Or: “Well done with that deadline!”

Instead of perhaps: “I have noticed in my emails that despite the tight dead-line, you managed to keep the quality in the work, especially in paragraph X.”


“Where there is attention, there is going to be learning.”
– Timothy Gallwey

Simple and achievable

My claim is that it doesn’t take more than that. – And it can actually be trained! I myself have experienced that the more solution-focused conversations I have had where my attitude is that I might learn something, the more positive my feedback gets.

This doesn’t happen in every single meeting I have with another person, but the frequency goes up markedly, and I quite simply get better when I consciously keep trying.

What can support appreciation in the day-to-day?

So, in a busy everyday hum-drum, leaders aren’t just supposed to lead, but also to maintain and learn new skills, develop their competences, follow overall strategies, annual plans, budgets, and, and, and – on top of this, they must be appreciative towards every employee and build an appreciative, resourceful working environment!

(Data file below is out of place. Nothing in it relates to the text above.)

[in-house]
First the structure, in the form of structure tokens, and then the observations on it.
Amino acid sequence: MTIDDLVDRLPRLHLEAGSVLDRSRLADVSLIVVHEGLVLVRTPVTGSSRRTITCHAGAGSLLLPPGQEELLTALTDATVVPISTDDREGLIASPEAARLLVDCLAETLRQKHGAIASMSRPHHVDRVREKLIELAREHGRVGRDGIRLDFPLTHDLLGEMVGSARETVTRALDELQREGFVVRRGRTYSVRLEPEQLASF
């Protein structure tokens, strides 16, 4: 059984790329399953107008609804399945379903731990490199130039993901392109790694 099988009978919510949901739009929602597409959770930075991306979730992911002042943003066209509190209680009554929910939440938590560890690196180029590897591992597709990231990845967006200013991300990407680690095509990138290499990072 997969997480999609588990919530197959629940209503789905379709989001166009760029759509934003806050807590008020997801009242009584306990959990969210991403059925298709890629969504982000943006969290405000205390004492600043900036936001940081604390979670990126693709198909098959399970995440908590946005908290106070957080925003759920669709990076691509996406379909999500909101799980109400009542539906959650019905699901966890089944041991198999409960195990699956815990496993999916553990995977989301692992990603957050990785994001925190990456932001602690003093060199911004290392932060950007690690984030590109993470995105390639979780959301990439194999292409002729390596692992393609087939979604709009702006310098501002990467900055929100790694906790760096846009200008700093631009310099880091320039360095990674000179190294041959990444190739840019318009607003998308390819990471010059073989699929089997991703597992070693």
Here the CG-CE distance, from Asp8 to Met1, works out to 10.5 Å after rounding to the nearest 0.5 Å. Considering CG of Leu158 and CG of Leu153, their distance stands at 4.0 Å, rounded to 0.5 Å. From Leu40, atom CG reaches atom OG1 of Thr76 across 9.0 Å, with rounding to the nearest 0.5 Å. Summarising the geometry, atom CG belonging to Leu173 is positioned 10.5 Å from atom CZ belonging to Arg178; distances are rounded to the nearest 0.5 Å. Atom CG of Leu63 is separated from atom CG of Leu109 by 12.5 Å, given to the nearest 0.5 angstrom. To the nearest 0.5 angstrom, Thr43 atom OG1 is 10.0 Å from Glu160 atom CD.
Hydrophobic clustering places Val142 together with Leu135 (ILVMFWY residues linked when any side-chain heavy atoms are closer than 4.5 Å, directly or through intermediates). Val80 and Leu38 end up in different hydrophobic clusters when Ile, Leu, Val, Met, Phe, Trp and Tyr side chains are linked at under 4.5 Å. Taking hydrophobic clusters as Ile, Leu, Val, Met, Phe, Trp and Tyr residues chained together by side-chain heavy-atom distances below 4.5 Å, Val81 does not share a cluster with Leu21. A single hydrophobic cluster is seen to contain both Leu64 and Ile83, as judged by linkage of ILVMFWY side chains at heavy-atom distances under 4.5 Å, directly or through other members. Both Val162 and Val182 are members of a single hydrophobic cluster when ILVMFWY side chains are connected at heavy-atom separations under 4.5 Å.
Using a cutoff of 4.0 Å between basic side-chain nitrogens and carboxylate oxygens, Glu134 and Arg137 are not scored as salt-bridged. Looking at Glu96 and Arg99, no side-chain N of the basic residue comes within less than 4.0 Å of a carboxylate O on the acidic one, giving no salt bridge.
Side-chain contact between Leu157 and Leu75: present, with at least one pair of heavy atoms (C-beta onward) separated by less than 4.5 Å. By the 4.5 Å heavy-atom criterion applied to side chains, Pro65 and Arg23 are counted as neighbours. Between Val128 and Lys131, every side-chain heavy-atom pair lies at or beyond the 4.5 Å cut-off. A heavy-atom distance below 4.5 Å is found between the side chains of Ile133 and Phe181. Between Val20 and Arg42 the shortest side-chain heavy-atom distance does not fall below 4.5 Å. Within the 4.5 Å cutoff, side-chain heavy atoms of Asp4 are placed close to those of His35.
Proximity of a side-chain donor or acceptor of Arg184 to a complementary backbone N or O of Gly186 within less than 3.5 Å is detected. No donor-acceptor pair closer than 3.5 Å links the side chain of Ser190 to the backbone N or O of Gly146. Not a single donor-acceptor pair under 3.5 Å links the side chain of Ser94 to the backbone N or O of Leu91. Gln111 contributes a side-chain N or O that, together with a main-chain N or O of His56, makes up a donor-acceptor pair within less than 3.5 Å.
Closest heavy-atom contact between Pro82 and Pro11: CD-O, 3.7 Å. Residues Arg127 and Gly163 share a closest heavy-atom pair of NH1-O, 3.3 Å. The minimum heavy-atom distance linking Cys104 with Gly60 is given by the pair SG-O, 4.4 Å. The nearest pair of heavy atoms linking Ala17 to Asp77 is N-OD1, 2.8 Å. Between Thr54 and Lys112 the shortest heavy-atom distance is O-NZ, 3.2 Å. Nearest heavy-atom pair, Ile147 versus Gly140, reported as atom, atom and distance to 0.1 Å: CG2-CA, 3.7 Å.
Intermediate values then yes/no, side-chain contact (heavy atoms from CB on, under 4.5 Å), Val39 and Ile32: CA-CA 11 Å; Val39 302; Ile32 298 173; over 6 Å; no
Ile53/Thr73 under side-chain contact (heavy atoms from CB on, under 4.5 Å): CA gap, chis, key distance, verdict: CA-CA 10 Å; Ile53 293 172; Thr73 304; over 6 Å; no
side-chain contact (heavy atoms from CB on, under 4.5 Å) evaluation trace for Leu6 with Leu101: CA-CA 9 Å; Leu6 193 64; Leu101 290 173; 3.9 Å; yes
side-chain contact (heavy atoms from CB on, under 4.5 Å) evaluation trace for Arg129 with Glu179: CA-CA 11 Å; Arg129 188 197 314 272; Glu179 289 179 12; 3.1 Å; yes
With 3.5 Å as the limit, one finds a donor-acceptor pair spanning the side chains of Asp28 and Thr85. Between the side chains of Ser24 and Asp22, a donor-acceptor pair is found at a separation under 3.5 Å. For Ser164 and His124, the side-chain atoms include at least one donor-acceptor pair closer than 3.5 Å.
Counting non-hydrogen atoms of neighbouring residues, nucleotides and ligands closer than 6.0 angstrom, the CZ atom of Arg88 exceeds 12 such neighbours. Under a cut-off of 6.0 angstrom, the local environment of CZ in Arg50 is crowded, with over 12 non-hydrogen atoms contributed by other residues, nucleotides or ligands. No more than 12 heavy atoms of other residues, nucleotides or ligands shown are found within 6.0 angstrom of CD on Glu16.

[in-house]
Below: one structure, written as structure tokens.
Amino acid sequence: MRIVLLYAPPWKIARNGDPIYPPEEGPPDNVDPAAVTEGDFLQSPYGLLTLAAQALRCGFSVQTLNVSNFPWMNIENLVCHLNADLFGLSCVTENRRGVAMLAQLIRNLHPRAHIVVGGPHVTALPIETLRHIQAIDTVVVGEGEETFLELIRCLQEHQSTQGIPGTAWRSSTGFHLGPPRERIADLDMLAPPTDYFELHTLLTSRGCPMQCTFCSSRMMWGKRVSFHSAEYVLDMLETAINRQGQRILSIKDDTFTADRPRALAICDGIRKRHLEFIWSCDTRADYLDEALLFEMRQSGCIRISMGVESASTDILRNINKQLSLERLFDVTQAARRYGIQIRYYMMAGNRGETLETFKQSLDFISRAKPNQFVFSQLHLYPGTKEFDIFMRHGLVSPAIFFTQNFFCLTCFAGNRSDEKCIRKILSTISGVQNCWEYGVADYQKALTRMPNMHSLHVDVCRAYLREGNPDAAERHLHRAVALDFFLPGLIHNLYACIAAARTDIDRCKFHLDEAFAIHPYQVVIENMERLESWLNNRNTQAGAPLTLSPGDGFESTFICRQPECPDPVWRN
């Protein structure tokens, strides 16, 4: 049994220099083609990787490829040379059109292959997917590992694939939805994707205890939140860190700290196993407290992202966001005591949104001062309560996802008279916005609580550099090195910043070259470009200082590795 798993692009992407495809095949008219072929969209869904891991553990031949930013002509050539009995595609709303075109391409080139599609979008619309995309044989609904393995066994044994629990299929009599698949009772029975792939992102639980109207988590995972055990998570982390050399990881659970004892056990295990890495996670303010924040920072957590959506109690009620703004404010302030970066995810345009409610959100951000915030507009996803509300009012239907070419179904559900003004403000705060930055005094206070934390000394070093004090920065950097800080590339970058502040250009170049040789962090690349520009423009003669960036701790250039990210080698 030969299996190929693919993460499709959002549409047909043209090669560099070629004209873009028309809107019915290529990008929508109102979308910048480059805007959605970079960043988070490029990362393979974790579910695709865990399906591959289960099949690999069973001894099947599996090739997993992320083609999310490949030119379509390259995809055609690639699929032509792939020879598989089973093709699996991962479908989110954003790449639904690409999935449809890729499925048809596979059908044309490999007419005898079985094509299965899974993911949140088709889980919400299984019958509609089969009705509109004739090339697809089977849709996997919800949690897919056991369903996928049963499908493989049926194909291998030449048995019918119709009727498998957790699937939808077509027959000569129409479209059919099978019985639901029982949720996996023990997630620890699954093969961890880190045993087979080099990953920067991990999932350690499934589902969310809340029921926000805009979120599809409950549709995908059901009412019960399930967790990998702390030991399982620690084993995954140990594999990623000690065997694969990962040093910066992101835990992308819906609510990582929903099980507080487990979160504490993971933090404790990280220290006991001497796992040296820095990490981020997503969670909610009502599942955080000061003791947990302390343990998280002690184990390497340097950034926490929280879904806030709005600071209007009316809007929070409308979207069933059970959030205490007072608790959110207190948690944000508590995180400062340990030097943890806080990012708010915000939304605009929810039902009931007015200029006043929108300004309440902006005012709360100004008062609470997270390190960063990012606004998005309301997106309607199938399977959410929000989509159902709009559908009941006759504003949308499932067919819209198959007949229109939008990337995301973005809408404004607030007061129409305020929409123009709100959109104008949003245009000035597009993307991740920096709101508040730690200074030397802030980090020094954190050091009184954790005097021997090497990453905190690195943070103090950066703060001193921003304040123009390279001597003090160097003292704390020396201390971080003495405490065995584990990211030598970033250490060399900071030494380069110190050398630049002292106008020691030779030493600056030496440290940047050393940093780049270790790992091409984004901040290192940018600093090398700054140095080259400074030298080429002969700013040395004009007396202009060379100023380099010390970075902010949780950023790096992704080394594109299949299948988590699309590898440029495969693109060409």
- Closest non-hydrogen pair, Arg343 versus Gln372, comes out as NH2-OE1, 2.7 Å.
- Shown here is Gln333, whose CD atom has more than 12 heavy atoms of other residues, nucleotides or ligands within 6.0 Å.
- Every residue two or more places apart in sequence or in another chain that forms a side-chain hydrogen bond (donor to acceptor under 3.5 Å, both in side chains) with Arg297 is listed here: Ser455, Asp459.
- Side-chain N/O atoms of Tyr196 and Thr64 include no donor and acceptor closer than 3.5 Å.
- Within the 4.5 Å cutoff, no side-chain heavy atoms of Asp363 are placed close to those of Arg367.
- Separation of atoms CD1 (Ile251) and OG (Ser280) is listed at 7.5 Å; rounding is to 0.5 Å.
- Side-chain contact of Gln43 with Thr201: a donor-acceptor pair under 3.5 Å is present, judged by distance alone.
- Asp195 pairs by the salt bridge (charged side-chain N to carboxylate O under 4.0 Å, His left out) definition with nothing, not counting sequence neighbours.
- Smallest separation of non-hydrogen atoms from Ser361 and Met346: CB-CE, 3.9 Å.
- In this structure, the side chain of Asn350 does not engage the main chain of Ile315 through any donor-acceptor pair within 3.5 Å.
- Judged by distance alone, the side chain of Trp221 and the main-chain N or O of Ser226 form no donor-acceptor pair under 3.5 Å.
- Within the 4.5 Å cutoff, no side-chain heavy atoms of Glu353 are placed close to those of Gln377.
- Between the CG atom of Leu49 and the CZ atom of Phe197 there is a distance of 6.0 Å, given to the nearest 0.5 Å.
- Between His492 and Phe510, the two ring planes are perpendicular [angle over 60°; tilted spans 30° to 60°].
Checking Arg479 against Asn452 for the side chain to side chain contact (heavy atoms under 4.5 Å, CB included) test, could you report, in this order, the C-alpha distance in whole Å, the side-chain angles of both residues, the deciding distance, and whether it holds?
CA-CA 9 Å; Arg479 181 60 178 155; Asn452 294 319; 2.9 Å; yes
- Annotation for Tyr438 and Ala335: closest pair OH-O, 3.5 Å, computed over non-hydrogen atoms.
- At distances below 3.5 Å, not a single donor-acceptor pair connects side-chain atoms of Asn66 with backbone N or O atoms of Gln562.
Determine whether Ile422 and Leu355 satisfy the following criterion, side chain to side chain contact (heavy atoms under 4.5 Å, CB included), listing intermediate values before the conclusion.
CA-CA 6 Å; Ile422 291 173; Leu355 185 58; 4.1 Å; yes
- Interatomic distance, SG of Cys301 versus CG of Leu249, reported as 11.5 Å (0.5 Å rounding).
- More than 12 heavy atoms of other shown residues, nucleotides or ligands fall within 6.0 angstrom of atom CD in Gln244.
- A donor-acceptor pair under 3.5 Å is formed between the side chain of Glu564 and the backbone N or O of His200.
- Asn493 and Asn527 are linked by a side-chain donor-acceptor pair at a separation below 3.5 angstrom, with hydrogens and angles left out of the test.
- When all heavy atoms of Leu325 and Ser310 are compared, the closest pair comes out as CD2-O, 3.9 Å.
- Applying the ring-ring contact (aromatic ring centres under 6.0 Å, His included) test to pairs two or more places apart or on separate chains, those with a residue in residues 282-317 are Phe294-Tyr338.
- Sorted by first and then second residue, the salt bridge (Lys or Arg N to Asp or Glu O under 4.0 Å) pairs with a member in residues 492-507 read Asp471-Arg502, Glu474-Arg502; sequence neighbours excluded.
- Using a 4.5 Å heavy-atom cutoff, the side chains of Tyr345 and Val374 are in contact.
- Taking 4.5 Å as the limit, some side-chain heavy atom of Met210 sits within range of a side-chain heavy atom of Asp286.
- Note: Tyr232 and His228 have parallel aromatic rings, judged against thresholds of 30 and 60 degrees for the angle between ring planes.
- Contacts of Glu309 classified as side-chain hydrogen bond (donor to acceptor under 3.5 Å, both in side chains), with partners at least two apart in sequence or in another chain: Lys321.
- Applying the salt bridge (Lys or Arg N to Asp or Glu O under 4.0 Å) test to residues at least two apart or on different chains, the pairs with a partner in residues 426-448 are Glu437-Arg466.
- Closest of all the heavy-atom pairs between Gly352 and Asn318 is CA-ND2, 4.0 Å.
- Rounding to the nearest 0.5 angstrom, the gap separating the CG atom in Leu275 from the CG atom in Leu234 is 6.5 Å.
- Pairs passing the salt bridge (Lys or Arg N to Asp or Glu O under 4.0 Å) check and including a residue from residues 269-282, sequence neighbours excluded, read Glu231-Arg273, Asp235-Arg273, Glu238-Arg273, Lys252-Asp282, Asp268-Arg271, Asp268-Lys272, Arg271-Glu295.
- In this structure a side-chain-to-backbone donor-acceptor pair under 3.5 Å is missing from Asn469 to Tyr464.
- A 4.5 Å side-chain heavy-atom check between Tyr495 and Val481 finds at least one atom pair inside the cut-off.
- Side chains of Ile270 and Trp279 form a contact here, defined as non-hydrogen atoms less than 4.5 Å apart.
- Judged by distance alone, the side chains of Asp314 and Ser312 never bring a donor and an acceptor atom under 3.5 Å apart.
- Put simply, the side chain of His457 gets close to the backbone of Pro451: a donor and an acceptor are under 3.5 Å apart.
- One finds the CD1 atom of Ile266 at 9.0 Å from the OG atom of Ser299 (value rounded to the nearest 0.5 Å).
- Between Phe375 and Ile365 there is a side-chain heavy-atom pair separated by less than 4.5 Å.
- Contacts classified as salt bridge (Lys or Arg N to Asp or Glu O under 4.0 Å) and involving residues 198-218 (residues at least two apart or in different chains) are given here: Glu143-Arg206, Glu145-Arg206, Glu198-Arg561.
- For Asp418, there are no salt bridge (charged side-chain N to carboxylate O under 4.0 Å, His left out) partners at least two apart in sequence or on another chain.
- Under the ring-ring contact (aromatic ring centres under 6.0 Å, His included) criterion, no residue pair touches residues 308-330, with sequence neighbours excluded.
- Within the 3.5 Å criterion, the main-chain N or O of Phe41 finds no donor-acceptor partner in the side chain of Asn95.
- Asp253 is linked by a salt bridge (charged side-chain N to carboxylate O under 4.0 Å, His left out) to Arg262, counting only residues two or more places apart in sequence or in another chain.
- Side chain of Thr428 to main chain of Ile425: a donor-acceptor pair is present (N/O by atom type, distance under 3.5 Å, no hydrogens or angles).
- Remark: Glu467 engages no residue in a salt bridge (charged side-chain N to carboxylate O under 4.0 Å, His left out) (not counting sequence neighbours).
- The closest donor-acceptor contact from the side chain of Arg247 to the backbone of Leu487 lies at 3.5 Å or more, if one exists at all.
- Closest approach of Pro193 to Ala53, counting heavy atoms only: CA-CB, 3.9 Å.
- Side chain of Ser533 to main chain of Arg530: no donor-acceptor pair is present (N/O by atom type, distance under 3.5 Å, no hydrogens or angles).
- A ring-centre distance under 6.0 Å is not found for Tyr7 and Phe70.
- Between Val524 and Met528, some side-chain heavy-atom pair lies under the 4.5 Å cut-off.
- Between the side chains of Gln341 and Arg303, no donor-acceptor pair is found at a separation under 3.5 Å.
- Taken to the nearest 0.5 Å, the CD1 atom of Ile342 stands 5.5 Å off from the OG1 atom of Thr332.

Not exactly easy. But relax. There is an interesting way to go just in front of you.

In comes: Solution Focus

What makes the Solution-Focused [1] approach so interesting is that it’s simple, resourceful and always action oriented. And action oriented is the key word here. What you as a leader can do to prevent employees or managers from feeling that all this appreciating stuff is superficial, is to focus on specific actions. And through your questioning, you can support them in getting clear on actions that benefit goals, strategies and help make existing resources visible.

In other words, Solution-Focus is interesting because it is:

  • focused on actions. What are your employees doing well in their every-day work? – Details.
  • focused on goals. What is it exactly a person or a team is achieving by what they are doing? – Details.
  • focused on resources. How do they manage that, together and individually – professionally and personally? – Details.

It is a very interesting and constructive focus to have as a manager on all levels in the organisation, in both successful and challenging times. It opens up for possible new solutions arising that are based on what works already.